Rooks Nest Academy

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About Rooks Nest Academy

Name Rooks Nest Academy
Ofsted Inspections
Headteacher Ms Kimberley Dawson
Address Rooks Nest Road, Outwood, Wakefield, WF1 3DX
Phone Number 01924870700
Phase Academy
Type Academy converter
Age Range 2-11
Religious Character Does not apply
Gender Mixed
Number of Pupils 367
Local Authority Wakefield
Highlights from Latest Inspection

What is it like to attend this school?

Pupils enjoy coming to this inclusive and welcoming school. Leaders have high expectations for pupils, both academically and personally.

Pupils are polite and respectful. Positive relationships are enjoyed throughout school. Older pupils provide positive role models for younger pupils.

Staff are committed to fostering a love of learning that will last the pupils a lifetime.

Pupils behave well in lessons and at social times. Teachers consistently apply the agreed behaviour policy, and pupils understand the consequences of inappropriate behaviour.

Pupils say that everyone is kind. Instances of bullying are rare and dealt with decisively by leaders.
Pupils appreciate the range of clubs and extra-curricular activities that are on offer.

They can attend several sporting clubs. These clubs are open to all. Pupils have opportunities to take on leadership roles such as school councillors, eco warriors, playground leaders, house captains and librarians.

These roles prepare them well to become active and positive members of society.

What does the school do well and what does it need to do better?

Leaders have designed and introduced an ambitious curriculum. In some subjects, they have precisely identified the important knowledge and vocabulary that they want pupils to learn.

In history, where the curriculum is mapped out well, leaders have identified a clear sequence of knowledge and vocabulary that builds over time. However, there is some variance in how well the curriculum is mapped out in other subjects. Where this is the case, pupils' learning is less secure.

Teachers use a range of strategies to help pupils to remember what they are learning. Teachers provide opportunities to revisit previous learning. For example, in music, pupils review videos of the previous week's performance.

This helps to consolidate their vocabulary and improve their skills when using instruments. Where pupils have special educational needs and/or disabilities (SEND), they are supported well, with appropriate adaptations made to the curriculum. Leaders have a clear overview of the needs of these pupils, and in lessons, teachers are very aware of the needs of individual pupils.

Leaders have considered the curriculum in early years, and they plan for children to learn across all areas of learning. There is a range of activities for children to access both indoors and out. These activities help them to develop.

However, in some areas, the early years curriculum is less defined. For example, it does not highlight some of the important vocabulary children should be learning. Leaders acknowledge this and have plans in place to improve this aspect of early years practice.

Leaders have prioritised reading. They have introduced a scheme for the teaching of phonics. This scheme is used consistently by teachers who have been trained in its delivery.

Children are introduced to phonics in the early stages of school. In Nursery, they learn to identify the sounds in words. They play I-spy and rhyming games.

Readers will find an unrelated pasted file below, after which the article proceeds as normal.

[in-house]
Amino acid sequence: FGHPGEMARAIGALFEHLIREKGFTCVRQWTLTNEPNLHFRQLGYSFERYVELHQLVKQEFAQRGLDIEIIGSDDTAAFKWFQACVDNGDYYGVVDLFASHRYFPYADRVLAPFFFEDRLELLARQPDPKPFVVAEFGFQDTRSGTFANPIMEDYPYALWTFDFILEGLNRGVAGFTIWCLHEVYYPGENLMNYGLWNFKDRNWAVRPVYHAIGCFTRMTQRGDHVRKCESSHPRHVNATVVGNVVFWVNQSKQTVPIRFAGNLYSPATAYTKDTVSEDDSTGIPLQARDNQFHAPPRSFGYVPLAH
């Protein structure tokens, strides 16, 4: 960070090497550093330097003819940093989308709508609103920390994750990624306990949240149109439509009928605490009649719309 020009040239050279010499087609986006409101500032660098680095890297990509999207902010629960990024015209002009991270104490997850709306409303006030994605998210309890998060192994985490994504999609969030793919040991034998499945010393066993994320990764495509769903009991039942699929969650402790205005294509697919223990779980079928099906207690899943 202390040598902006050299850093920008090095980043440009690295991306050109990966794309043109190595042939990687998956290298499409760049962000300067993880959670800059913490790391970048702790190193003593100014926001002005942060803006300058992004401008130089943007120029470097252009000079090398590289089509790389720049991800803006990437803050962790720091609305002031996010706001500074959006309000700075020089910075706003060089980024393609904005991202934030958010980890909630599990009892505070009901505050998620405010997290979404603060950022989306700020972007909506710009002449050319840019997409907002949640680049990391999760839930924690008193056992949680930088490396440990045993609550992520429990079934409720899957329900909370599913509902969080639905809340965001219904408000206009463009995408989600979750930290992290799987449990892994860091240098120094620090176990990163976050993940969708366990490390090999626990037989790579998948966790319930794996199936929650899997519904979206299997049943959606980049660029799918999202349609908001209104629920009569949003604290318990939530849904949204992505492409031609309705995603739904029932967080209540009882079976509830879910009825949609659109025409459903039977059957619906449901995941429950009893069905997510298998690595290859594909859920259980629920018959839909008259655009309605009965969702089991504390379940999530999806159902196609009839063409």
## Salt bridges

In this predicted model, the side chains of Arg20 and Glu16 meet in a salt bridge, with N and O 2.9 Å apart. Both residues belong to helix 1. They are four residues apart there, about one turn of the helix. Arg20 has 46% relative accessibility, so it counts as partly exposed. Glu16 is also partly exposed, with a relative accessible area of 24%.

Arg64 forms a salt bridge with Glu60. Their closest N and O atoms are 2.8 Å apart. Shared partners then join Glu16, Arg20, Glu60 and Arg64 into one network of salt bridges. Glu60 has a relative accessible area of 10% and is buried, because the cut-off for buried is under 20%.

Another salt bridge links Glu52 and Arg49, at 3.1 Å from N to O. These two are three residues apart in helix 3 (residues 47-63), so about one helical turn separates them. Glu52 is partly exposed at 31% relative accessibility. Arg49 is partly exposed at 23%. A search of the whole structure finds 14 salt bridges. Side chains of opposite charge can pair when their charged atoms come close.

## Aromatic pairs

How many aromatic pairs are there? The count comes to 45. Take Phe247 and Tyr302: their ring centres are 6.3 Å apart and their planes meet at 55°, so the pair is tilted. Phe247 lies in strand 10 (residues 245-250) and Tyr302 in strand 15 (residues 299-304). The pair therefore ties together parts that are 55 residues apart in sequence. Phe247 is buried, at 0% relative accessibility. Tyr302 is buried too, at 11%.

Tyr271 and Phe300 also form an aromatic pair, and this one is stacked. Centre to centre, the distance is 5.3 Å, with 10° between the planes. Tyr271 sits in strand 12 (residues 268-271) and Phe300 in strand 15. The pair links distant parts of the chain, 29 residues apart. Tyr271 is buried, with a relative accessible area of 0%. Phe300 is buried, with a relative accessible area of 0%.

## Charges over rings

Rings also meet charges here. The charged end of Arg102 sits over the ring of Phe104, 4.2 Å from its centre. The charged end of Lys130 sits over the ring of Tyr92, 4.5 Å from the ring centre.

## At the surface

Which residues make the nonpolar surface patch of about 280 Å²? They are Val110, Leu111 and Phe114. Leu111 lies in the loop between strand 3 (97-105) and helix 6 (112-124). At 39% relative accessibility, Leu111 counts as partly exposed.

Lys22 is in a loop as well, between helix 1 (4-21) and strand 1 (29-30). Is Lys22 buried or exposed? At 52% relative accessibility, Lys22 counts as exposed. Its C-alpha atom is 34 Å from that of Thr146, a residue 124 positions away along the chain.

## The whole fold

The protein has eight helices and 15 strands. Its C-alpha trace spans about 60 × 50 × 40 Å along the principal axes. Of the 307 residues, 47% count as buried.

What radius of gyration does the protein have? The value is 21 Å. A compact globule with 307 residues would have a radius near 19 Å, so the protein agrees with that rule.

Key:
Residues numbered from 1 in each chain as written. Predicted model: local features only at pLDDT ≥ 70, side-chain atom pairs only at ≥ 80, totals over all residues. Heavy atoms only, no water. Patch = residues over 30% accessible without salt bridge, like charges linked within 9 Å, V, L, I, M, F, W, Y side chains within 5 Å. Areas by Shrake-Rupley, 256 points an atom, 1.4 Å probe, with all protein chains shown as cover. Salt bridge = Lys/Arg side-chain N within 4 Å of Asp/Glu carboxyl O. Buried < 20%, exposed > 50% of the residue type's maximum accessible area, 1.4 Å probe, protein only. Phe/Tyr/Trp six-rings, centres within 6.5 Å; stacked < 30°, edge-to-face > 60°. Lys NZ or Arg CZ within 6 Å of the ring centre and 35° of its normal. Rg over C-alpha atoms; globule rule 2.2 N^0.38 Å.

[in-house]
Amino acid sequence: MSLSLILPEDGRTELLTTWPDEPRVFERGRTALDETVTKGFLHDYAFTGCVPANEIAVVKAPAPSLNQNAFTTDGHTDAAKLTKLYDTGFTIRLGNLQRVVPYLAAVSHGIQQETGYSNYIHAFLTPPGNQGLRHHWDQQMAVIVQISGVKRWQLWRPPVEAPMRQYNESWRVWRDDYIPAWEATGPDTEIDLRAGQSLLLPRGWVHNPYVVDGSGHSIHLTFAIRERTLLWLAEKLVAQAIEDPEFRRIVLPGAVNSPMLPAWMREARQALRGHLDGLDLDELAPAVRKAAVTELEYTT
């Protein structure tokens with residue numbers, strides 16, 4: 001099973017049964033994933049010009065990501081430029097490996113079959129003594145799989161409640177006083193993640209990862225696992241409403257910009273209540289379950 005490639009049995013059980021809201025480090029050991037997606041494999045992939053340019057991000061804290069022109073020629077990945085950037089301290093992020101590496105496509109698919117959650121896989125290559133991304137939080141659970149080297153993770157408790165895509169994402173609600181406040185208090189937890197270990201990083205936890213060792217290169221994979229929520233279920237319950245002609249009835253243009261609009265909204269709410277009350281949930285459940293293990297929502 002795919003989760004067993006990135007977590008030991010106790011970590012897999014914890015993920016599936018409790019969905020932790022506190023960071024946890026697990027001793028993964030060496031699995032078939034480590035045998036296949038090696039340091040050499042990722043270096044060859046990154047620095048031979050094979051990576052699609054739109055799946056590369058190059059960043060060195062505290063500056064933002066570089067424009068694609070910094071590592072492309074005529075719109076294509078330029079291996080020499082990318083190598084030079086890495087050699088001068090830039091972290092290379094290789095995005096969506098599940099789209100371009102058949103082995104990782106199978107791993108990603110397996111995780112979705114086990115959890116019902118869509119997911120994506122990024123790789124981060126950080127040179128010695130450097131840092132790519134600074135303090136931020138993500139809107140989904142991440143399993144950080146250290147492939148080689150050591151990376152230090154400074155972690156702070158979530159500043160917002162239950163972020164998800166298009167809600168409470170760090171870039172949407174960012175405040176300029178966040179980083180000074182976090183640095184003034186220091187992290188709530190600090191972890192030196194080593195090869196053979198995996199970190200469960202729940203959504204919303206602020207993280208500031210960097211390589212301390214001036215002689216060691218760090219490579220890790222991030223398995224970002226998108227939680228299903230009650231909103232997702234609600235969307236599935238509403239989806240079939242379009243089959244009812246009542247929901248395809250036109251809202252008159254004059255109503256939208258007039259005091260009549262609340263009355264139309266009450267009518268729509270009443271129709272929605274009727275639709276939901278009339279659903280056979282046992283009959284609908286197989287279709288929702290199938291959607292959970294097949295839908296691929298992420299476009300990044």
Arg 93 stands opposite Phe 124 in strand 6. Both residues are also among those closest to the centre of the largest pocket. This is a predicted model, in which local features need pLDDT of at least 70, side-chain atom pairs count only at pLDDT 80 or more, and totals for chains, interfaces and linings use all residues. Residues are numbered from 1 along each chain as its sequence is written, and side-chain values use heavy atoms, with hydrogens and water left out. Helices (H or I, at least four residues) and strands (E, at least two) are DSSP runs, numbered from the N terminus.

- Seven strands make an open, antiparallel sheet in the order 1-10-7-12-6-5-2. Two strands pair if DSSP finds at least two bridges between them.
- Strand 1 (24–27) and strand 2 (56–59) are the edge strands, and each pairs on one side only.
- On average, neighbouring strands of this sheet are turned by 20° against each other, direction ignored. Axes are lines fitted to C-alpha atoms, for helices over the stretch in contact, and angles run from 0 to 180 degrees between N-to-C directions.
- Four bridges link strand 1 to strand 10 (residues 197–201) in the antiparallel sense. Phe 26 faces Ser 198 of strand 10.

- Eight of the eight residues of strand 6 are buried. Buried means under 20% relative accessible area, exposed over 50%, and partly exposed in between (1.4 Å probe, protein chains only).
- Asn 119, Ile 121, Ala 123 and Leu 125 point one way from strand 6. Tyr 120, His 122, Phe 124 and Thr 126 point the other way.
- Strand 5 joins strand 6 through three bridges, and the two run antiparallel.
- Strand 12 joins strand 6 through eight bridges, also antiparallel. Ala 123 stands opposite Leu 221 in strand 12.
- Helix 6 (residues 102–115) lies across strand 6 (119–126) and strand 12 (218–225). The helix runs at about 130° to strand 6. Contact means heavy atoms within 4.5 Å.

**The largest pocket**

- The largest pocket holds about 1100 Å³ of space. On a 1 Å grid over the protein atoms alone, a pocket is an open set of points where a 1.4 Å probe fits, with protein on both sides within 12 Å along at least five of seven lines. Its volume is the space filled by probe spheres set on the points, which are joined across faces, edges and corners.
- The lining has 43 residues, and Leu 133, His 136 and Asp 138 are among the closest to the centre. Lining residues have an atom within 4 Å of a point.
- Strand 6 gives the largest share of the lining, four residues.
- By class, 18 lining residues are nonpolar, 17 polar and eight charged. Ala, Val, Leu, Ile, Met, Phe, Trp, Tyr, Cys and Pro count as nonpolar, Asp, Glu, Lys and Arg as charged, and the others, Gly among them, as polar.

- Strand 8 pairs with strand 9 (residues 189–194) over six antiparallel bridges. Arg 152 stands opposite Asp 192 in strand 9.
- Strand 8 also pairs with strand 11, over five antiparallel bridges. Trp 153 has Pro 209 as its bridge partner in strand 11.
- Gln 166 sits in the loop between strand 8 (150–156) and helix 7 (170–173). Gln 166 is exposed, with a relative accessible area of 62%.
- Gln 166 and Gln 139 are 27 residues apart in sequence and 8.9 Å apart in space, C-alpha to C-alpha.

In Reception, children learn about the sounds that letters make and how to blend them together so that they can read words. Pupils' reading books are well matched to their reading ability so that they can feel successful practising and consolidating the words that they know. Teachers make regular checks to make sure pupils are not struggling with reading.

When pupils are identified as slipping behind, they are supported to keep up. Pupils talk enthusiastically about the books that they are reading. They are positive about reading and recognise how important it is that they learn to read.

Pupils are polite towards adults and each other. They are tolerant and understanding and have a strong sense of fairness. They know that it is right to treat everyone equally.

Pupils learn about keeping healthy and how to live healthy lifestyles.

Leaders and governors are mindful of the workload and well-being of staff. Leaders provide support and development opportunities for staff who are early in their teaching careers.

The governors understand their roles and responsibilities. They have a range of backgrounds and skills and ensure that they provide an appropriate balance of support and challenge to school leaders.


The arrangements for safeguarding are effective.

Leaders keep thorough and detailed records of the actions that they take to keep pupils safe. Staff are trained to recognise the signs that indicate pupils might be at risk. There are clear systems in place for reporting any concerns about pupils' safety.

Pupils say that they feel safe in school. They know how to keep themselves safe when using technology.

What does the school need to do to improve?

(Information for the school and appropriate authority)

• In some subjects and in the early years, the curriculum is not mapped out with sufficient clarity.

The important knowledge and vocabulary that leaders want pupils to learn have not been clearly identified. This means that pupils do not consistently learn the most important things. Leaders need to ensure that important knowledge, skills and vocabulary are clearly defined in all subjects to enable teachers to plan lessons that focus on the most important learning.

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